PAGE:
A recent Dartmouth Review article asks a question: “How can a student, who spent only 10 weeks in NH this year, has not returned to the Hanover and plans to stay outside NH for the remainder of the year be a New Hampshire voter?”

The answer for the average Granite Stater would be “They can’t.” Having local state representatives elected by college students living and learning (remotely) in California, New York or Massachusetts makes no sense. These out-of-state students don’t have a current address in the Granite State. They haven’t crossed the state line in months. How can they vote in local elections?

But that’s exactly what the New Hampshire Democratic Party is encouraging them to do, sending out an email urging students to both register to vote in New Hampshire and cast their absentee ballot here in November.

Hanover Town Clerk Betsy McClain told Campus Reform, “residents of Hanover who may be temporarily away on Election Day are eligible to vote absentee. This is true for Dartmouth students who have claimed Hanover as their voting residence and may be off for a semester.”

The phrase “temporarily away” is an extremely generous view of people whose only connection to New Hampshire are the dorms they haven’t slept in since March. Which is why the New Hampshire Republican Party issued an attorney’s letter to NH Attorney General MacDonald, asking him to give town and city clerks legal guidance.

Specifically, they ask that clerks be told not to permit out-of-state learners to register to vote or request a ballot and that clerks not send absentee ballots to out-of-state learners without a current residential address in New Hampshire.

Unsurprisingly, the New Hampshire Democrat Party spokesperson, Holly Shulman, called the letter “desperate” and accused Republicans of “try[ing] to pull out every trick in their voter suppression playbook to stop people who don’t agree with them.”

In the letter, Attorney Sean List acknowledges that students from other states who live in New Hampshire for learning may register and vote while here. If they’re not physically in New Hampshire for their education, though, they are not legally domiciled here for voting purposes, the letter claims.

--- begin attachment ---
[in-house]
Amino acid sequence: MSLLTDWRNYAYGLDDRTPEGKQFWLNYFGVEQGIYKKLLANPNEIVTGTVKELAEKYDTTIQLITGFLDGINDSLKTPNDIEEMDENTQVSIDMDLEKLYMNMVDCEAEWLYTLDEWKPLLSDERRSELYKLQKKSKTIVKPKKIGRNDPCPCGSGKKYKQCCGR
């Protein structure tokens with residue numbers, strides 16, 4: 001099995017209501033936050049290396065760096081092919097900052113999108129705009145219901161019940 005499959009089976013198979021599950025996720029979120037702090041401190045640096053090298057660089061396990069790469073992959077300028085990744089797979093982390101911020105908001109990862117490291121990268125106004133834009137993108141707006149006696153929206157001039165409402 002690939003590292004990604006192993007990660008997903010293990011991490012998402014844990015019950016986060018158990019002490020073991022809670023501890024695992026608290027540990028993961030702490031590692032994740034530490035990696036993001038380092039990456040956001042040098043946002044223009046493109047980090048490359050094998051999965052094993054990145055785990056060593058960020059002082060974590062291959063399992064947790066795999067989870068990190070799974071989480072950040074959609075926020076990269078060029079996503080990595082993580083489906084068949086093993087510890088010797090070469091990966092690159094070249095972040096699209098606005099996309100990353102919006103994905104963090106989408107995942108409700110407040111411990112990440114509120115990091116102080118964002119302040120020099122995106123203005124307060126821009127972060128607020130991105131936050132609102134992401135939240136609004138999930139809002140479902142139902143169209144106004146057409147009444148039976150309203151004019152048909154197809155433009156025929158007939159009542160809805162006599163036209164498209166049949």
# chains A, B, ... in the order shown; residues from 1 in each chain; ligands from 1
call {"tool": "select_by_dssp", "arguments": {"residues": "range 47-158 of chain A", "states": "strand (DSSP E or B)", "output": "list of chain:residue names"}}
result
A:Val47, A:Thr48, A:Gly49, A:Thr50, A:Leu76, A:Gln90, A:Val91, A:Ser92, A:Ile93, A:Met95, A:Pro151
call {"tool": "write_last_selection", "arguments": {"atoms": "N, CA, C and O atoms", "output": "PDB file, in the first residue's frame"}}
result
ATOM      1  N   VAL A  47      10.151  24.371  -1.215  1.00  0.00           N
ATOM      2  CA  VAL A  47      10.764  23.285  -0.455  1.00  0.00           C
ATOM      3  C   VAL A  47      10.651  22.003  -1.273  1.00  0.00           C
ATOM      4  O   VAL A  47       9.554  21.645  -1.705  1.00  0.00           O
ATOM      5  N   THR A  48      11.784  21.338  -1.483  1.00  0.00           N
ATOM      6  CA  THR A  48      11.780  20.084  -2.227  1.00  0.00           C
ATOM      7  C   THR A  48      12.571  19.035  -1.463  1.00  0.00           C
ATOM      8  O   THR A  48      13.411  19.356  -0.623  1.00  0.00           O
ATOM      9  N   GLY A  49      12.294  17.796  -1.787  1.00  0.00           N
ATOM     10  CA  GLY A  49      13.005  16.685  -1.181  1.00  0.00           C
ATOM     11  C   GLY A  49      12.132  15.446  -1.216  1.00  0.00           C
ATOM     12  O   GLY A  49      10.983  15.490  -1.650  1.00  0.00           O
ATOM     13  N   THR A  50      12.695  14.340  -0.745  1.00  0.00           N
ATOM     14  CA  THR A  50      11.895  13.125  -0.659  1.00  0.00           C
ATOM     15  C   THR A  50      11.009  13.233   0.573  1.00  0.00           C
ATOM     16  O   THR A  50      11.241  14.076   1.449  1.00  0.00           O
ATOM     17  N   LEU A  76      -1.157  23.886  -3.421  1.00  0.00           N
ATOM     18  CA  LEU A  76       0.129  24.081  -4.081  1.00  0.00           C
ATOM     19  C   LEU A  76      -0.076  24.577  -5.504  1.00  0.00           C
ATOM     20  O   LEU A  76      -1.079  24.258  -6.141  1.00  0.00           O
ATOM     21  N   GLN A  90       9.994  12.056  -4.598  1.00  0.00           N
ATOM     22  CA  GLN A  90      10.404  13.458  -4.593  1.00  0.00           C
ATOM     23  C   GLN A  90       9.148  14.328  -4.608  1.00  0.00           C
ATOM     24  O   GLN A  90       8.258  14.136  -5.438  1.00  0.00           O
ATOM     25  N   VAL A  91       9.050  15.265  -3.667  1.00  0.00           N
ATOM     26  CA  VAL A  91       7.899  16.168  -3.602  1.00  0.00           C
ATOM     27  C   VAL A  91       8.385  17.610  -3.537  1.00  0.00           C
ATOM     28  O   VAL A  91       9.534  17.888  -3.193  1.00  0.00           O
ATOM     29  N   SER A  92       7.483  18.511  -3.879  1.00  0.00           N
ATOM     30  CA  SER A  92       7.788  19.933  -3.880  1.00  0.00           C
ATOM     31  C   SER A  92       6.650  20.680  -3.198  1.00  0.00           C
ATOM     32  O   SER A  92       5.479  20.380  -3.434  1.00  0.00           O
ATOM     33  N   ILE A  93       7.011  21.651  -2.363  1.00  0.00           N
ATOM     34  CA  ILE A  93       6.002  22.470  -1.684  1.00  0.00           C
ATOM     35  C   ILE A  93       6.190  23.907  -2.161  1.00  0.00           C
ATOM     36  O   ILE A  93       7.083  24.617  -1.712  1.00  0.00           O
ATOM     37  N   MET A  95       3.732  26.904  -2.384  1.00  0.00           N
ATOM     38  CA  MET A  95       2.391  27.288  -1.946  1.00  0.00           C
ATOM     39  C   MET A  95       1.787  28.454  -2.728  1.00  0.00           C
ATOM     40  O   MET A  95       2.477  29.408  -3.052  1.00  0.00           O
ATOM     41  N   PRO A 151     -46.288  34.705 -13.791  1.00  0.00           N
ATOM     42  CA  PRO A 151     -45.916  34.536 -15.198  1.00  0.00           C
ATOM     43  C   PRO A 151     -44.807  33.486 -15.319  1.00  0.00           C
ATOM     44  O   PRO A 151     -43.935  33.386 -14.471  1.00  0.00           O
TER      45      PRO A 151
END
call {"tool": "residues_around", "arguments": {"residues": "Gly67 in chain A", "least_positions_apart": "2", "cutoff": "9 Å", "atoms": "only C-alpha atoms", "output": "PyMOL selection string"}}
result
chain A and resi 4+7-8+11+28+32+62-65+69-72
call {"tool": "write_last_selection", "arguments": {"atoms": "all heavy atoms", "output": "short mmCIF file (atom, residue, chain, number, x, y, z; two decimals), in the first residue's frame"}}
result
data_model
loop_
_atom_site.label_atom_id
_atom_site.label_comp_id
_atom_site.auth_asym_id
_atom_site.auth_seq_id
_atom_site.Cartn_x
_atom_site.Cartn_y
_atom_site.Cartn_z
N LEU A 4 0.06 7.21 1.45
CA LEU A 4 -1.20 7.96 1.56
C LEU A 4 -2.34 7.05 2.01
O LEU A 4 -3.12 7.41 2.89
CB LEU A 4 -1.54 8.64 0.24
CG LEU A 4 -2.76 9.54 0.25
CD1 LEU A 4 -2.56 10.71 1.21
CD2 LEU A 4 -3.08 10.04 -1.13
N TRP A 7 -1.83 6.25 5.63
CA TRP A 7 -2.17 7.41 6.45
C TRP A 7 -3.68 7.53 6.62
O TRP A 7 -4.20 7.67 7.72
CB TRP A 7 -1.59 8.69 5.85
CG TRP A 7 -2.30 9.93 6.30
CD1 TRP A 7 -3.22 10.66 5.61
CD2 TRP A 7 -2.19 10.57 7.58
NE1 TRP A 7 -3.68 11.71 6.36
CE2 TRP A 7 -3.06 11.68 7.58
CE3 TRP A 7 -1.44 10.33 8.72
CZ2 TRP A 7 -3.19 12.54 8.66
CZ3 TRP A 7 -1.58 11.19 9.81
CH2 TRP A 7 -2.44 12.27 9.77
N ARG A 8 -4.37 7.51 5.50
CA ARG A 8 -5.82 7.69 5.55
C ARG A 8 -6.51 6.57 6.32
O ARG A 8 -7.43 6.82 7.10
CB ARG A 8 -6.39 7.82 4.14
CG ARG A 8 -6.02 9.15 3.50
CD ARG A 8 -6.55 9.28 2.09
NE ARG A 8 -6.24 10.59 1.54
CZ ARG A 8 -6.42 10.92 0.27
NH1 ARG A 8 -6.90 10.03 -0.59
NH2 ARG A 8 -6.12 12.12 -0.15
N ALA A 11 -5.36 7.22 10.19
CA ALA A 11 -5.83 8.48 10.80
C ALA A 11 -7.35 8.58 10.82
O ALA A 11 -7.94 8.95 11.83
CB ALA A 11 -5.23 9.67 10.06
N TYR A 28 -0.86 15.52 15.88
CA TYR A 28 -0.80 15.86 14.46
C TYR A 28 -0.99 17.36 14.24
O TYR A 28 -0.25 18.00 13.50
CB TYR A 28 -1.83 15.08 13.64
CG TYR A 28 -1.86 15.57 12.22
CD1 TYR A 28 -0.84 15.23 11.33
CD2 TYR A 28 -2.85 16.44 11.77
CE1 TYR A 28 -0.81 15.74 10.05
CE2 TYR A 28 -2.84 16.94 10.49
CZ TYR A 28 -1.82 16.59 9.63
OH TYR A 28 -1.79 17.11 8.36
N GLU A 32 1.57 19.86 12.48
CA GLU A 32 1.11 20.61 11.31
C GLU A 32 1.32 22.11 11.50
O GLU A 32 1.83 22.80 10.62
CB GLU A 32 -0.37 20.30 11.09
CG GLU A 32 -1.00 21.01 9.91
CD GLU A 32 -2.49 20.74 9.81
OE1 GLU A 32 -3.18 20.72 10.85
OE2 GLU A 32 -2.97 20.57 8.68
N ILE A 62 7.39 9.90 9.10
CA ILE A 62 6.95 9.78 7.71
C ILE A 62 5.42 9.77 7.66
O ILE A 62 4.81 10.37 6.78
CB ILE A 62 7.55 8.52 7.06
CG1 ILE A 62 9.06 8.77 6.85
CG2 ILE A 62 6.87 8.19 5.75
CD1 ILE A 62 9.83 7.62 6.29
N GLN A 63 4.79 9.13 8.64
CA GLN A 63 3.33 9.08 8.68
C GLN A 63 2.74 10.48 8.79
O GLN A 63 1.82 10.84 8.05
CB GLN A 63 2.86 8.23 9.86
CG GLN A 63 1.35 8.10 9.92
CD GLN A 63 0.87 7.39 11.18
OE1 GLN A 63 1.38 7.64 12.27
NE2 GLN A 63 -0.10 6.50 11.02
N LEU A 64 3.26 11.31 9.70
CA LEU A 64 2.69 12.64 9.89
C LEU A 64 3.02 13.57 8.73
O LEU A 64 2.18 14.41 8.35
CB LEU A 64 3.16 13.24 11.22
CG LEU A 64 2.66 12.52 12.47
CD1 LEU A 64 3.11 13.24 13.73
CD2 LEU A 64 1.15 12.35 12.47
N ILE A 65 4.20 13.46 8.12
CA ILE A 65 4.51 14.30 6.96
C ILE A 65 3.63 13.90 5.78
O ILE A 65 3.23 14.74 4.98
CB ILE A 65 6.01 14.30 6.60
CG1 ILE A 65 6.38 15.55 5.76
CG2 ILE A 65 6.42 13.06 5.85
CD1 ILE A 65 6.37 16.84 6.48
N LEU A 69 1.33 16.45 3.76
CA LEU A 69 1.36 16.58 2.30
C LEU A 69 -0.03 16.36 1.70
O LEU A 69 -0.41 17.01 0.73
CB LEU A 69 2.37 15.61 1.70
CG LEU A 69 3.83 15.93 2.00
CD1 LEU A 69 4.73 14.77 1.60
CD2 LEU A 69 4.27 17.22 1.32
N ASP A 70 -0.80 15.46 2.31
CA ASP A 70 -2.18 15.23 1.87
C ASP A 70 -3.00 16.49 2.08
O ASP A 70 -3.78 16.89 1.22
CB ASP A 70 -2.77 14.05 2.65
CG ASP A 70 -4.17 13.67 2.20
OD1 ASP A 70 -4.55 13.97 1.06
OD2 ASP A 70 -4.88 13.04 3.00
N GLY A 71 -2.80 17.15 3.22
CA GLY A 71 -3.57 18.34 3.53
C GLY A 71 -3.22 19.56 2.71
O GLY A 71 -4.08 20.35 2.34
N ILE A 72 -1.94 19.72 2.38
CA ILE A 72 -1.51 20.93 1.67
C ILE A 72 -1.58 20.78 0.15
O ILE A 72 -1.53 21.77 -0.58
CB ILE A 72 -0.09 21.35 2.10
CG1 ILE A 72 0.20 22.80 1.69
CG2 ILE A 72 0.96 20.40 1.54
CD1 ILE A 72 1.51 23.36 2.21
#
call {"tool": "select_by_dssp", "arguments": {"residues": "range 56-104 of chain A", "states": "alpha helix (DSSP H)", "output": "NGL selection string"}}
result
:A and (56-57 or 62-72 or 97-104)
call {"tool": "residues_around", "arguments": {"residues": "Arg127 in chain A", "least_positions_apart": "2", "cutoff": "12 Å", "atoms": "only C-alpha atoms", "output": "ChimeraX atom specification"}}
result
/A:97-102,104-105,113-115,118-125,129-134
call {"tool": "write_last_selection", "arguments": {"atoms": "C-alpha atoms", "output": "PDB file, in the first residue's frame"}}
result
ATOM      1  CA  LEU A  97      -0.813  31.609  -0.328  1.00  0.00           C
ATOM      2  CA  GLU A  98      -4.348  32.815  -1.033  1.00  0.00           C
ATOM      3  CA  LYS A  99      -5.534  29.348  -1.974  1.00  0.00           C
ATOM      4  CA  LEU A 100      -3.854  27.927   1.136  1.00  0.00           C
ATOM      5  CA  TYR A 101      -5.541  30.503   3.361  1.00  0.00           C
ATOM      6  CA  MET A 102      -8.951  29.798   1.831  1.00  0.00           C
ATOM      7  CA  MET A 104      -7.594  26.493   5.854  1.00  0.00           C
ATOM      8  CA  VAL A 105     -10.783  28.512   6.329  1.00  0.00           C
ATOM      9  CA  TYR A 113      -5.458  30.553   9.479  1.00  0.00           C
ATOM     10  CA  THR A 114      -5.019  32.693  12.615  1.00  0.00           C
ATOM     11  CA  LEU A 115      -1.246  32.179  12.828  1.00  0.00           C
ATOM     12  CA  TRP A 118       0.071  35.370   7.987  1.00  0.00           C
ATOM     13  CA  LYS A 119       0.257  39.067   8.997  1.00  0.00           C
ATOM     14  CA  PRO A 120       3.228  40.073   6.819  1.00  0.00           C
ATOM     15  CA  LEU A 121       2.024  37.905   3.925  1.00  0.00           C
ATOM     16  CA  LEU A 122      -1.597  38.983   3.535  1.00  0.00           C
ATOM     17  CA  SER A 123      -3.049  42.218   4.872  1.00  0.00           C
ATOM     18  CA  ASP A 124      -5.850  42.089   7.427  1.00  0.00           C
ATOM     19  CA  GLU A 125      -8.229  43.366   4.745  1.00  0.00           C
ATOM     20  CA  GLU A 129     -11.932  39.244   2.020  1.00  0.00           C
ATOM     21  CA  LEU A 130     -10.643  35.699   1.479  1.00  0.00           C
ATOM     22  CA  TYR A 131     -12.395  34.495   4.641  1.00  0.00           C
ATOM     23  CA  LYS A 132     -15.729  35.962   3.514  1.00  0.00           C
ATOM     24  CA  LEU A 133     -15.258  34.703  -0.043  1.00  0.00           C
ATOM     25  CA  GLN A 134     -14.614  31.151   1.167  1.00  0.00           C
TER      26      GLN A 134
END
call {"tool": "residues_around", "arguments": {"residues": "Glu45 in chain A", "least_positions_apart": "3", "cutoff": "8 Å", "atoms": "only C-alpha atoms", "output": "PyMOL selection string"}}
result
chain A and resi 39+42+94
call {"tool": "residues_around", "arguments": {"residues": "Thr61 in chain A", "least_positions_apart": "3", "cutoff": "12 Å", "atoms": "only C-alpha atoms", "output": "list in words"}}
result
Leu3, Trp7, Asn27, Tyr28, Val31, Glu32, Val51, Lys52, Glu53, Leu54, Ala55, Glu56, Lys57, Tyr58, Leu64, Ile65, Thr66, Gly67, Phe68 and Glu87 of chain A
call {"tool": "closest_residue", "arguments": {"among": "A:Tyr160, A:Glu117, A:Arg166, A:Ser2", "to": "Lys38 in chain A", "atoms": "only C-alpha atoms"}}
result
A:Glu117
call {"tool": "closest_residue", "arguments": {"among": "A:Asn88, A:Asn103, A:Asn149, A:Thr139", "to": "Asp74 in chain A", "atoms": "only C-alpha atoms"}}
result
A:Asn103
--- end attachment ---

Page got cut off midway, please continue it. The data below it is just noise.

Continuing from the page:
With many colleges and universities canceling in-person classes for the fall due to the COVID-19 pandemic, thousands of students that may have voted here should vote where they live, says the NHGOP.

It’s a significant issue in the Granite State, which has the highest per capita college student population in the country. When GOP U.S. Sen. Kelly Ayotte was defeated by Democrat Maggie Hassan in 2016, a spokesperson for the progressive group NextGen America tweeted:


The political debate is currently dominated by the presidential race, and boosting the out-of-state student vote could make it even harder for President Trump to pull an upset in November. But the real impact could be on down-ballot races.

With more than 300 registered voters at 2500 N River Rd alone, SNHU’s primary dorm address, Ward 1 in Manchester could be in play for Republican legislative candidates if these non-resident voters aren’t eligible to vote. This could give a significant lift to Jason Syversen, candidate for state senate, as well as the state representative candidates from Ward 1.

Regina Birdsell, the state senator who authored the much-debated SB3 voter registration law, both agreed and disagreed with the NHGOP letter.

Birdsell, a Coast Guard veteran, expressed concerns over how the distinction could be made between overseas servicemembers and out-of-state students. She says that since juniors and seniors in college have likely already fulfilled the domicile requirement required by RSA 654, they must be allowed to vote.

On the other hand, she says that “any student who has yet to register and has yet established their domicile for voting purposes” should not be allowed to register. “They’re not here,” she says, and therefore can’t establish domicile.

Birdsell says it’s troubling to disenfranchise voters who have proven they were domiciled here to vote and can’t be here through no fault of their own. She says the law allows them to register and vote here – and they aren’t here, but they would be if they could.

It is unclear whether the Attorney General plans to issue the guidance requested by the New Hampshire Republican Party. Still, the potential impact on races across New Hampshire could be significant.

SB3, which attempted to amend the law to require voters to be residents, not merely domiciled, in New Hampshire in order to vote has been tied up in courts since it passed in 2017.

In April of this year, a Superior Court Judge struck the law down as unconstitutional, and the state has appealed that ruling to the New Hampshire Supreme Court.